I mean no offense to other reviewers on this site, but there are a lot of negatitive reviews of this movie. I haven't read the book, but one thing I need to mention is this: I think a lot of people who read the book expect the movie to be just like the book, no more no less. Well, It's unrealistic to expect this-the movie can not be the book and the book can not be the movie-movies are different than books. You got to take what you like about the book and write the script from that. This is done all the time in Hollywood. Sometimes what works on the printed page won't work on screen and vice versa.
I like Sam's voice over in this film because it provides insights into his thoughts or what he is writing in his journal. As a bonus you'll learn a new recpe for syrrup and pancakes!
So give this movie a try! Ignore the negative reviews until at least you have seen the movie.
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By A Customer on Nov. 4 2003
Format: VHS Tape
I can't add much to the other reviews but wanted to throw in my support for a remake of this movie. After finally getting around to reading the Newbery Honor book, I *so* wanted to like the movie but am sad to report that it fell short of my high expectations. Instead, I watched in disappointment as a boy I had imagined as a quiet, intense loner turn out to be Beaver Cleaver.
I realize "the times" probably caused some of the changes they made, but I think we can trust today's adolescents not to run away to live on a mountain. Remake it, Disney, and do it true to the book this time!! Don't make Bando seem like a scary child molester, don't give Sam a "reason" to go out on his own (algae experiments?? was that in the book?), don't give him a pet raccoon, don't make him go home at the end, and above all, DON'T kill Frightful!
Anyone else ever catch Sam happily pronouncing lichen as "LITCH-en"? When I realized what he had tried to say, I was stunned. Did no one at the studio even know what this word was?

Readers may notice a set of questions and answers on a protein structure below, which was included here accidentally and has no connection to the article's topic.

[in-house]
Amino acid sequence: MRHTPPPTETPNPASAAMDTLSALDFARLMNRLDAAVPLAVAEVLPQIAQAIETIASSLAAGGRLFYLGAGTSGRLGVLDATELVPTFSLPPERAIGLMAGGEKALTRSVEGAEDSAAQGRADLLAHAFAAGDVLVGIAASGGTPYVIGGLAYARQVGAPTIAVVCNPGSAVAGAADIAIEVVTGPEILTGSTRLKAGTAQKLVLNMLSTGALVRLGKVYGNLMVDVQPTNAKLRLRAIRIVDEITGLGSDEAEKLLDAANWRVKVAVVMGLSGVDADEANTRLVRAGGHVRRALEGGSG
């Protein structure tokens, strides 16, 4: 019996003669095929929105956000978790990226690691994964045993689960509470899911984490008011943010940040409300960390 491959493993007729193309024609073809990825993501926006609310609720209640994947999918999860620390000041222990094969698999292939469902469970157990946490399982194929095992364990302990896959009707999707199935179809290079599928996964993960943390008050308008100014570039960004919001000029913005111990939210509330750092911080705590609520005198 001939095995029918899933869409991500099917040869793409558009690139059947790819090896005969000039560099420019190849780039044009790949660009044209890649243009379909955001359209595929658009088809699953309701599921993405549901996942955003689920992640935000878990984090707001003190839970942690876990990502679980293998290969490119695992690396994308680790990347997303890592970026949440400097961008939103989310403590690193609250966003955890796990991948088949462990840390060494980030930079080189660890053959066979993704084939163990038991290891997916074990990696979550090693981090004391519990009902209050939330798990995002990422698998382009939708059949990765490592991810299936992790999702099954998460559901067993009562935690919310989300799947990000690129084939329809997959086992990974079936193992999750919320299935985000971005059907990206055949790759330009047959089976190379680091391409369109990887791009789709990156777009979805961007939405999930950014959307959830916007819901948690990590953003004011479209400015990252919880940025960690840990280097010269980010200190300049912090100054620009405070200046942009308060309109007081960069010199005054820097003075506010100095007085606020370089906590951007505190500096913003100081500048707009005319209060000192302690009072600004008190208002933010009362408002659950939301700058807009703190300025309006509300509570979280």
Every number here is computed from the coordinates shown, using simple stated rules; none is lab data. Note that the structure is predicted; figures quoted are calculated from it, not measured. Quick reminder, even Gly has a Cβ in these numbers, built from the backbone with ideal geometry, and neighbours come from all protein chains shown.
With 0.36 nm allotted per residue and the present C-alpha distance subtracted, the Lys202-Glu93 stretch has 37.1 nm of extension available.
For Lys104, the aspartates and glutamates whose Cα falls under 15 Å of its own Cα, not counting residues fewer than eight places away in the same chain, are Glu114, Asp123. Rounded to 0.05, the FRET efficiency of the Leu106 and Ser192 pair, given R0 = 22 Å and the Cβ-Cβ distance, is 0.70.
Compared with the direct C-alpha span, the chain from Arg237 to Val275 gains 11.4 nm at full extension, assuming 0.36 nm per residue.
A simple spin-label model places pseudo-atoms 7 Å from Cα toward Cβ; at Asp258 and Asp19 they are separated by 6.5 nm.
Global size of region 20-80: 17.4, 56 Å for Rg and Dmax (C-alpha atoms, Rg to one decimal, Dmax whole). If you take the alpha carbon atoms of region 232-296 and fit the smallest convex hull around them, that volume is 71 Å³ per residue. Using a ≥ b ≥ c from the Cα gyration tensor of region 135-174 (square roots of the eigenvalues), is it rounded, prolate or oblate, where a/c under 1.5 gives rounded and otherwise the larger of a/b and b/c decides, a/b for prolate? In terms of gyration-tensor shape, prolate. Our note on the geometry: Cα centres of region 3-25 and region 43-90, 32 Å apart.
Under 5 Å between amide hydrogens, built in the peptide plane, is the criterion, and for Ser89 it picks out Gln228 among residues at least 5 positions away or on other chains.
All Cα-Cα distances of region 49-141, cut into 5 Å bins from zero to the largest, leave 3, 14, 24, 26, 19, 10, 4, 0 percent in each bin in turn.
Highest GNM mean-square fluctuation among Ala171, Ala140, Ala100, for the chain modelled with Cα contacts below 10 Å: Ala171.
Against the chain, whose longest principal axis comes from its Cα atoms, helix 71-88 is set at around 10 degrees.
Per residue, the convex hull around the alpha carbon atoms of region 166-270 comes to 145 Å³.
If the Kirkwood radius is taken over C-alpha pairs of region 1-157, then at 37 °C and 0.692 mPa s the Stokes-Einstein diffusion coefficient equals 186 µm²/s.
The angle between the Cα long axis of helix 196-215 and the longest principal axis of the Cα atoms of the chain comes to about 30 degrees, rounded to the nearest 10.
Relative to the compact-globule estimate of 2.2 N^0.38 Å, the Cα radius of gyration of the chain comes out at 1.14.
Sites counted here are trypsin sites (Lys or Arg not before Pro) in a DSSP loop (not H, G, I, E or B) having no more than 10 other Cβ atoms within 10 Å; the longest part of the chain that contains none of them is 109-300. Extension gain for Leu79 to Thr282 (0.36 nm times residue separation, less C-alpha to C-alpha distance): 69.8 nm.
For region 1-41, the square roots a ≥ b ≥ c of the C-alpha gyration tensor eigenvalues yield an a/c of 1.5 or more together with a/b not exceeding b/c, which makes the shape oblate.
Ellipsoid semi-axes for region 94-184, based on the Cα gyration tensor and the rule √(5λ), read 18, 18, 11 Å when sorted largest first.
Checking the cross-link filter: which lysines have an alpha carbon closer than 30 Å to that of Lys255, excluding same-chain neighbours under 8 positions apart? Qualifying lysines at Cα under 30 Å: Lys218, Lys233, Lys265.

Sam was believable, he just had a bad script. 3 stars for effort.
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By A Customer on June 19 2002
Format: VHS Tape
I saw this film when I was a child. It inspired me, or maybe it awoke the natural side in me. I will never forget his naturalist bedroom ( I wanted one just like it), His scary but confident journey on his own, the tree where he lived and his flying companion, a Peregrine Falcon...how cool was that for a young boy? As I grew up and enjoyed our families northwoods lake cabin, I often thought about this story...to appreciate the beauty of nature, to observe it and to protect it. I still think about the impact this story has had on me by shaping a positive image about the natural wonders of the great outdoors. I live by and respect those values today, thirtyfive years later. Although I live/work in the city, I built a retreat on my wilderness acreage in the hilly Ozarks of Missouri and find the greatest solace and rejuvenation when I visit "..my side of the mountain. I would present this story in either form to any child. It may not have been a blockbuster by todays slick standards, but it certainly made a memorable and certainly positive impact on me. Expose children to this story...they may thank you many years to come.